< Previous | Next >
By Mikey
Wednesday, 25th August 2004 13:47

How much do you know about Singapore? Before we looked into our trip I knew it was small and I'd heard of Raffles hotel. (I also knew that Claire's grandmother had lived there for a while.) But that was about it. Between reading about it and coming here, I now know quite a bit more and I like it... a lot.

Ok, let's get my one quick gripe over with. The humidity is hard to cope with. Air conditioning is a must here and every now and again I need to dip into a nice cool building to stop myself from melting. Ok, gripe over. I like everything else.

Singapore is a bizarre cultural mix. On the one hand you have a lot of Malaysians and then you have quite a few Chinese people too. Add to that a significant population of Indians and throw in some English culture. That's Singapore. Most people speak English, some better than others. They drive on the left - the correct side of the road. As a country and a city, Singapore is unique I think.

It was quite late when we arrived in Singapore. We landed, a bit awkwardly, in the area that Claire's grandmother had lived during the late 40s. (The houses that were there were long ago torn down to make room for the airport.) A 20km taxi ride took us to the city centre and I was reminded that I'd have to start practising how to say no again. Our driver said he knew many different places to stay and it was only when we explained that we had a reservation at our hostel that he gave up. I know that he was trying to be helpful (everyone in Singapore is very helpful) but there's a fine line between helpful and pushy. Some of the people in South America left that line way behind and I'm sure that in the near future our resolve will once again be tested. In Singapore though, most people stick on the helpful side of the line.

Our hostel, while a little ragged around the edges, was pretty clean and welcoming. The heat in Singapore is ok but the humidity can be a bit heavy most of the time so I was happy to find that our room had A/C. The hostel had no kitchen to speak of but that was ok as they included breakfast and in Singapore you have to try the food stalls and centres. There are plenty of dishes there to make your mouth water and they only cost a few dollars. All we did that first night was relax, check our email and take a short walk around the area we were in - Little India.

On our first full day in Singapore, we indulged in one of the national pastimes - shopping. We walked through many, many malls. Some underground, some not. Most of them were connected to each other somehow though. We also bought a travelcard to make using the MRT system of underground trains easier. I have no idea how far we walked but it was certainly a long, long way. We also took a quick trip on the cable car that runs between Santosa island, the harbour front and Mount Faber to see if we could get some good views of Singapore. As we were leaving the cable car, they were getting some of the cars ready to be converted into four seater restaurant booths. That would have been fun to try with the city lit up at night. Perhaps next time.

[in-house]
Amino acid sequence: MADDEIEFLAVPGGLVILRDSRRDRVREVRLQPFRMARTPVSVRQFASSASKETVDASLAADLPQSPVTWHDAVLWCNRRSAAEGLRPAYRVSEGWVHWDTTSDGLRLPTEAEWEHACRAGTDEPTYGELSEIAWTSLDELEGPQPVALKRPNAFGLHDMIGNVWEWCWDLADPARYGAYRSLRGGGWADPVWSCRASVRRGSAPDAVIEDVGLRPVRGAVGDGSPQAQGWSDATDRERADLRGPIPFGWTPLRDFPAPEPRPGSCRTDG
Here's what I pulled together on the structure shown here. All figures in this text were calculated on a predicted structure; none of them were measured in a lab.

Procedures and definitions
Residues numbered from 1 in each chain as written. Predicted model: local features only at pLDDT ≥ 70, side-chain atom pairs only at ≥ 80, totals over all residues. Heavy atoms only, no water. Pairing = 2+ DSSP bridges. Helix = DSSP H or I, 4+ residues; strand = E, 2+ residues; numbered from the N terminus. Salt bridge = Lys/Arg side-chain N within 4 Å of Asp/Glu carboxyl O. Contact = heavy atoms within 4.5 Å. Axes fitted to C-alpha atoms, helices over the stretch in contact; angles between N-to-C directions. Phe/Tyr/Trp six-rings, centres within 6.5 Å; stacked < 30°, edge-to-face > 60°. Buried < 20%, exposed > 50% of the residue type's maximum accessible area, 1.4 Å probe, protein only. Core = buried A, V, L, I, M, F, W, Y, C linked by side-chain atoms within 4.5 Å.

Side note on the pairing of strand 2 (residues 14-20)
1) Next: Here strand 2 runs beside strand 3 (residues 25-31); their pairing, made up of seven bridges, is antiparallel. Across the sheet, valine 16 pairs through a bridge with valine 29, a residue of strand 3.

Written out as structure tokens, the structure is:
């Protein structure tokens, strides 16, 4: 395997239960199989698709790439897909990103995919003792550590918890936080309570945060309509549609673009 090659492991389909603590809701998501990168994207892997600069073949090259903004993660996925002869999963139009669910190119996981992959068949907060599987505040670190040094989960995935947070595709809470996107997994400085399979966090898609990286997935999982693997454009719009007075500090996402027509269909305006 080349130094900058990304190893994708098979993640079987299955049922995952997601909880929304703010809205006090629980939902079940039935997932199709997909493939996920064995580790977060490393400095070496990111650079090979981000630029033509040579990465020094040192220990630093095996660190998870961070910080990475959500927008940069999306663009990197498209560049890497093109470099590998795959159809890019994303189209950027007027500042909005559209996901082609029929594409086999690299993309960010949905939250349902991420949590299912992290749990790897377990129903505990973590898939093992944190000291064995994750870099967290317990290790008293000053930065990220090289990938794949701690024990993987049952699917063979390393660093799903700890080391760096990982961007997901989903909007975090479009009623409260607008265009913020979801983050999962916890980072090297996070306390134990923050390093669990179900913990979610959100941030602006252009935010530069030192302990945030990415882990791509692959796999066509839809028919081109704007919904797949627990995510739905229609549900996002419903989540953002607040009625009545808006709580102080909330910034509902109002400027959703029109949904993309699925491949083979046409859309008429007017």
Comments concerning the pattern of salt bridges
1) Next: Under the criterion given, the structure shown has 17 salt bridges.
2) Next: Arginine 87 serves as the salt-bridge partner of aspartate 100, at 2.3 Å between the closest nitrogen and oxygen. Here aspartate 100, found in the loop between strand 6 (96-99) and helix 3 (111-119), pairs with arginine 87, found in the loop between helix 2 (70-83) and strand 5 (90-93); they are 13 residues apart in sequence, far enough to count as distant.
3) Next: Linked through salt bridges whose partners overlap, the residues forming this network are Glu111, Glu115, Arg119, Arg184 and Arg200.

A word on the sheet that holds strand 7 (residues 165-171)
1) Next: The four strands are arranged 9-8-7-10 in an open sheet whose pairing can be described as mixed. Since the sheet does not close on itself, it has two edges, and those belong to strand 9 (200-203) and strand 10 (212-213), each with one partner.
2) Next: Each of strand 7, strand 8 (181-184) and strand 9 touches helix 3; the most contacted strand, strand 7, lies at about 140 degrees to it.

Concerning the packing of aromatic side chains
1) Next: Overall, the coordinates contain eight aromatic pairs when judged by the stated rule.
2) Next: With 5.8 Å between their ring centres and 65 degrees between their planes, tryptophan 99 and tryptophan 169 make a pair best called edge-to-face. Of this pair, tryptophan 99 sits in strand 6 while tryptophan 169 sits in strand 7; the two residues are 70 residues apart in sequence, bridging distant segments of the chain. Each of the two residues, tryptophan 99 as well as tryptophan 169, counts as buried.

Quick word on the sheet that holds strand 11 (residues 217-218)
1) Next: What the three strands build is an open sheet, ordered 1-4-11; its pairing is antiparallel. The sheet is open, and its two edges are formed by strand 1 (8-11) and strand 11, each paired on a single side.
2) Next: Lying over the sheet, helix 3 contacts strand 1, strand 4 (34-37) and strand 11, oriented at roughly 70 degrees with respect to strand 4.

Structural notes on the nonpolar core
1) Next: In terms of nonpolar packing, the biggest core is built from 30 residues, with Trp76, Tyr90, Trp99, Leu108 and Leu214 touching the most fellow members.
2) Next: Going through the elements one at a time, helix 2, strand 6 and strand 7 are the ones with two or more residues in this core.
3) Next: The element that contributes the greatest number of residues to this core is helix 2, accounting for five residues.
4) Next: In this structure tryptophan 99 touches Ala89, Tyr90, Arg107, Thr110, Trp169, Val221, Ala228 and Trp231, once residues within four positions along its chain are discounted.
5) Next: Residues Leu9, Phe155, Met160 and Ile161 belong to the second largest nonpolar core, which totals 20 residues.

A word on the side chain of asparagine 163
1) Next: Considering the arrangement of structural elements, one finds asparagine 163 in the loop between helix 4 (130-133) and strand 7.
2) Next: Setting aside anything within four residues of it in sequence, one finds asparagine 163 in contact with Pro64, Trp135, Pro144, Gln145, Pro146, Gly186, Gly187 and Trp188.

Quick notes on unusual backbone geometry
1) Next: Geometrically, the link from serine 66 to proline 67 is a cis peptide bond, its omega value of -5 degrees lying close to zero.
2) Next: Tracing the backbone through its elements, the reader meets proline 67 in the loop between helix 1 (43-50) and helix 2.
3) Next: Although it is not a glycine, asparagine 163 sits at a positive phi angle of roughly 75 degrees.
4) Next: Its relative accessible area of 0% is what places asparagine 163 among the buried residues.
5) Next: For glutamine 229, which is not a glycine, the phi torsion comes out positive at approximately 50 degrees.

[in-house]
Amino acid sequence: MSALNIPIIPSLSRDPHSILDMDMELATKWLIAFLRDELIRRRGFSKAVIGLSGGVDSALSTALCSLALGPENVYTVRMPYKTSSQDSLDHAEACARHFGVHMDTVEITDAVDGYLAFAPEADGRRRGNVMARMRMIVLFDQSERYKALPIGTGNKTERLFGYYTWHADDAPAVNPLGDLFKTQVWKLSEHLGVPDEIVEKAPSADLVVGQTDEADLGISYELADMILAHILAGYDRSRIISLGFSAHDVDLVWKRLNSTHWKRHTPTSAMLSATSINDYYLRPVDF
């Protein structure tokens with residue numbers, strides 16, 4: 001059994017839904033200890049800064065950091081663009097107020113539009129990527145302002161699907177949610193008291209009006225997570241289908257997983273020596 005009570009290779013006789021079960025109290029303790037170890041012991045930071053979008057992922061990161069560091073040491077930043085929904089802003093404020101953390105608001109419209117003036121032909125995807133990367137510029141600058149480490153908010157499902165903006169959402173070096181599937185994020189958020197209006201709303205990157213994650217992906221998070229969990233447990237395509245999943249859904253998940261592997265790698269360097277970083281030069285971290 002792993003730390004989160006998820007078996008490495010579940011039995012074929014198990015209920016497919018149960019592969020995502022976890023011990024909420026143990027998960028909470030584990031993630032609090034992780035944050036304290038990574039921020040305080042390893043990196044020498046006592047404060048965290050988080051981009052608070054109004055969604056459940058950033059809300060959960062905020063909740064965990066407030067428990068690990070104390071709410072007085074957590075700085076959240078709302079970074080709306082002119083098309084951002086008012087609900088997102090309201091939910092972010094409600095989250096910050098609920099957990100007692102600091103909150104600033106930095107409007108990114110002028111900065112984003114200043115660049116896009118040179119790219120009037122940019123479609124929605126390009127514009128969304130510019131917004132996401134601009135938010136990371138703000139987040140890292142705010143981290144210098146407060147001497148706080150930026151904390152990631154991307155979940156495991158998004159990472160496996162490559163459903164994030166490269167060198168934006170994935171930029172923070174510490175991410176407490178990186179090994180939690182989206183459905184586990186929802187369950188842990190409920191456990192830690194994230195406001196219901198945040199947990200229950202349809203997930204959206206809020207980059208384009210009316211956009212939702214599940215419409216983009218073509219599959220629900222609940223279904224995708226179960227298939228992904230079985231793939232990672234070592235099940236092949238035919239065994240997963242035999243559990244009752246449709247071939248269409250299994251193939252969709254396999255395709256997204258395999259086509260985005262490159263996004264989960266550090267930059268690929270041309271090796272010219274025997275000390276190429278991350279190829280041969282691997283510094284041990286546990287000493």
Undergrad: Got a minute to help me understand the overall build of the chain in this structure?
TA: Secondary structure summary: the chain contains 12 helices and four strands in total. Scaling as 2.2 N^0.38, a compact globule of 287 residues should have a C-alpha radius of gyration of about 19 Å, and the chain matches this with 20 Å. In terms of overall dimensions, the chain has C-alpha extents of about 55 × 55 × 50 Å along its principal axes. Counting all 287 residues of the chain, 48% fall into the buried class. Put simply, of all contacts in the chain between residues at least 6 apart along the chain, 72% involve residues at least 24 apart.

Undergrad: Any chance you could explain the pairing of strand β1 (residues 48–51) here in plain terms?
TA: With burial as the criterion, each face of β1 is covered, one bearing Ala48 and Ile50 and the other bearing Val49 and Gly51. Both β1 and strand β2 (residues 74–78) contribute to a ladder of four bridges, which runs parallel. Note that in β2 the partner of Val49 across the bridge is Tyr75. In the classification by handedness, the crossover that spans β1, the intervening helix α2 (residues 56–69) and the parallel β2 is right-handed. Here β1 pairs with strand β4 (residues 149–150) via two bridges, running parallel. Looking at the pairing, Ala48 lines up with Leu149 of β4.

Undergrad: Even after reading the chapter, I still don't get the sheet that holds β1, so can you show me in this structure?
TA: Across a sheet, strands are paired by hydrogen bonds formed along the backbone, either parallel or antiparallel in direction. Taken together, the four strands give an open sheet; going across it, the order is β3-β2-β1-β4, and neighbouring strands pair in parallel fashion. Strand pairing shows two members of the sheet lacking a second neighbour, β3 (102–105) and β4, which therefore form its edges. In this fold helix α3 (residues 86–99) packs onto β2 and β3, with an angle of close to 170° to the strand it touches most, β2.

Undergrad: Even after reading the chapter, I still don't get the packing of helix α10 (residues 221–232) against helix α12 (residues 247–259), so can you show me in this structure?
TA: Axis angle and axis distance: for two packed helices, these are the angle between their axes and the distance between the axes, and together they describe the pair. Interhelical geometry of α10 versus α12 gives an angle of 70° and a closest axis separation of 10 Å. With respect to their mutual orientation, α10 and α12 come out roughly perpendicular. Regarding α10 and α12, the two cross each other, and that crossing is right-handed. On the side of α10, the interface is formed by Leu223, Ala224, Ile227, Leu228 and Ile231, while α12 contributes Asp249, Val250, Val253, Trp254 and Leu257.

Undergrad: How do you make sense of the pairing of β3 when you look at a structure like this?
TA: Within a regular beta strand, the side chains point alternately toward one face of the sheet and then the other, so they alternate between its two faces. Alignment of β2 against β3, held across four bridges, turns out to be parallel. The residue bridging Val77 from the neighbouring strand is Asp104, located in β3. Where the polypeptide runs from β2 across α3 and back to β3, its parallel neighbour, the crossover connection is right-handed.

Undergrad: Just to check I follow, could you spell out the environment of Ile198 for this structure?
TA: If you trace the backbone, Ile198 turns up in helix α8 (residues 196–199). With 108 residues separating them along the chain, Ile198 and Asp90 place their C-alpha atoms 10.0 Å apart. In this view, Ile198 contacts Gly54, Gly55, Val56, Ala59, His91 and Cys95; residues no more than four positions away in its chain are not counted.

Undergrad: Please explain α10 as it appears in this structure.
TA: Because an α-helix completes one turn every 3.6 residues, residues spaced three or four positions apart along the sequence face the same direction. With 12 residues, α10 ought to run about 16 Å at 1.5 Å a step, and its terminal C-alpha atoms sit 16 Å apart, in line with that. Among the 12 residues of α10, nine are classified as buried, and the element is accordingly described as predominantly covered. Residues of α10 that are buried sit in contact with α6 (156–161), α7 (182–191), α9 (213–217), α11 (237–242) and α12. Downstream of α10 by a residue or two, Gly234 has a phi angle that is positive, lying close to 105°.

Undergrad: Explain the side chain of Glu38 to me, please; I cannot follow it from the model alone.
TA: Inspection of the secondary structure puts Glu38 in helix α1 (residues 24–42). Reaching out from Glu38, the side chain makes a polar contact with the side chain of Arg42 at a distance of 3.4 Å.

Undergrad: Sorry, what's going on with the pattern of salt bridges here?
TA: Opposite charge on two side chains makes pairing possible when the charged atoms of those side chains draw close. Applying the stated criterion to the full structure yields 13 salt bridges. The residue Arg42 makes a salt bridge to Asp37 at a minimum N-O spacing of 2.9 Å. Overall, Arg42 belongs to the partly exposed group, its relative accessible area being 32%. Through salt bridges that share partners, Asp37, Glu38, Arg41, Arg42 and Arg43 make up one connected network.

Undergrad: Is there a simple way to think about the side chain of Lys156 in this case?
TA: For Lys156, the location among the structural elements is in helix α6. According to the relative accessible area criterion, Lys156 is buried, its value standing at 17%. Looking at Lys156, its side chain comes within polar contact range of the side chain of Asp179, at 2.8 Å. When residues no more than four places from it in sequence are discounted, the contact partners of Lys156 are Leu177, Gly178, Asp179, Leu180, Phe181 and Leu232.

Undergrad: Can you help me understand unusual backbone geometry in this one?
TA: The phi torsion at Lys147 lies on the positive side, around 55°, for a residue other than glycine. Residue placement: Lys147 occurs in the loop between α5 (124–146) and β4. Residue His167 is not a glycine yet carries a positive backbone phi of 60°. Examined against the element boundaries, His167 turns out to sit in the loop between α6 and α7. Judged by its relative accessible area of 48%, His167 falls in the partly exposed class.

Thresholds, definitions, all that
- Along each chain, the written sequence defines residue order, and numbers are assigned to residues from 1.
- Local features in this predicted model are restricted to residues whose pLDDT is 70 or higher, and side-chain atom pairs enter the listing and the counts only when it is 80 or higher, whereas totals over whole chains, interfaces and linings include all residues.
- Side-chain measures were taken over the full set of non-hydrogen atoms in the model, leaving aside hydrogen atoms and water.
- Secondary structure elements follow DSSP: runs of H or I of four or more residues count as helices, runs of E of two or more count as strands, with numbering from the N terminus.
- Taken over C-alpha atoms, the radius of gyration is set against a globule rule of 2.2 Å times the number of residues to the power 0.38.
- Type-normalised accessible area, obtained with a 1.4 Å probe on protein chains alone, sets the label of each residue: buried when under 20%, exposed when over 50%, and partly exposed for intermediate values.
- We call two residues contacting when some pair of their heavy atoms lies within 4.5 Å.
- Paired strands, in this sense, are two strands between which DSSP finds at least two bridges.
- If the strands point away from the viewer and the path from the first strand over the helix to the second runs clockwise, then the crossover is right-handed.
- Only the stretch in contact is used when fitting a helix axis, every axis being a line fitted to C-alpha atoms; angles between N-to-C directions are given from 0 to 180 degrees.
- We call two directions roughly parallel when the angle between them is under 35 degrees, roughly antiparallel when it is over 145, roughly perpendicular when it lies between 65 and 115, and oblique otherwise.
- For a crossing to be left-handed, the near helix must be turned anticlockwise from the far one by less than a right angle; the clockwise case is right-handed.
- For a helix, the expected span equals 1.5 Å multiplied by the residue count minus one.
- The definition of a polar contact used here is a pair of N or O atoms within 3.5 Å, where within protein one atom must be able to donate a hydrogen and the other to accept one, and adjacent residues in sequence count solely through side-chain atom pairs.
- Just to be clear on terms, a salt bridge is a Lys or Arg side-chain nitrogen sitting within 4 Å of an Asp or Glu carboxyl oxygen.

The following day we headed for Chinatown as Sunday mornings there are supposed to be good. We saw a rather nice Chinese temple (see the photo pages) and wandered around the shops and stalls there. There was also a Hindu temple that we wanted to go in but we weren't really dressed appropriately to show the proper respect so we didn't.

Our next stop for the day was Fort Canning. Fort Canning is a hilly park in the centre of the city and home to quite a bit of Singaporian history. Raffles built himself a small house there and it is the home of the Battle Box to name just two things. We took a tour of the Battle Box because it sounded interesting and it was. It was the British Army headquarters during WWII until they had to surrender to the Japanese in 1942.

After Fort Canning, we went back to the hostel for a little while before heading out, after dark, to see Little India. Sunday nights there are supposed to be busy and whoever said it wasn't wrong. About 20,000 to 30,000 Indians had taken to the streets and were either shopping or just chatting to each other. About 99.999% of them were men and the great thing was that we felt completely safe out there. Another brilliant thing was the sound of hundreds of people all talking at the same time. It wasn't loud but it was just there. Also, because they either had thick accents or were talking in another language, it wasn't like talking at all. Brilliant.

We spent the following morning waiting to check in to Raffles...

< Previous | Next >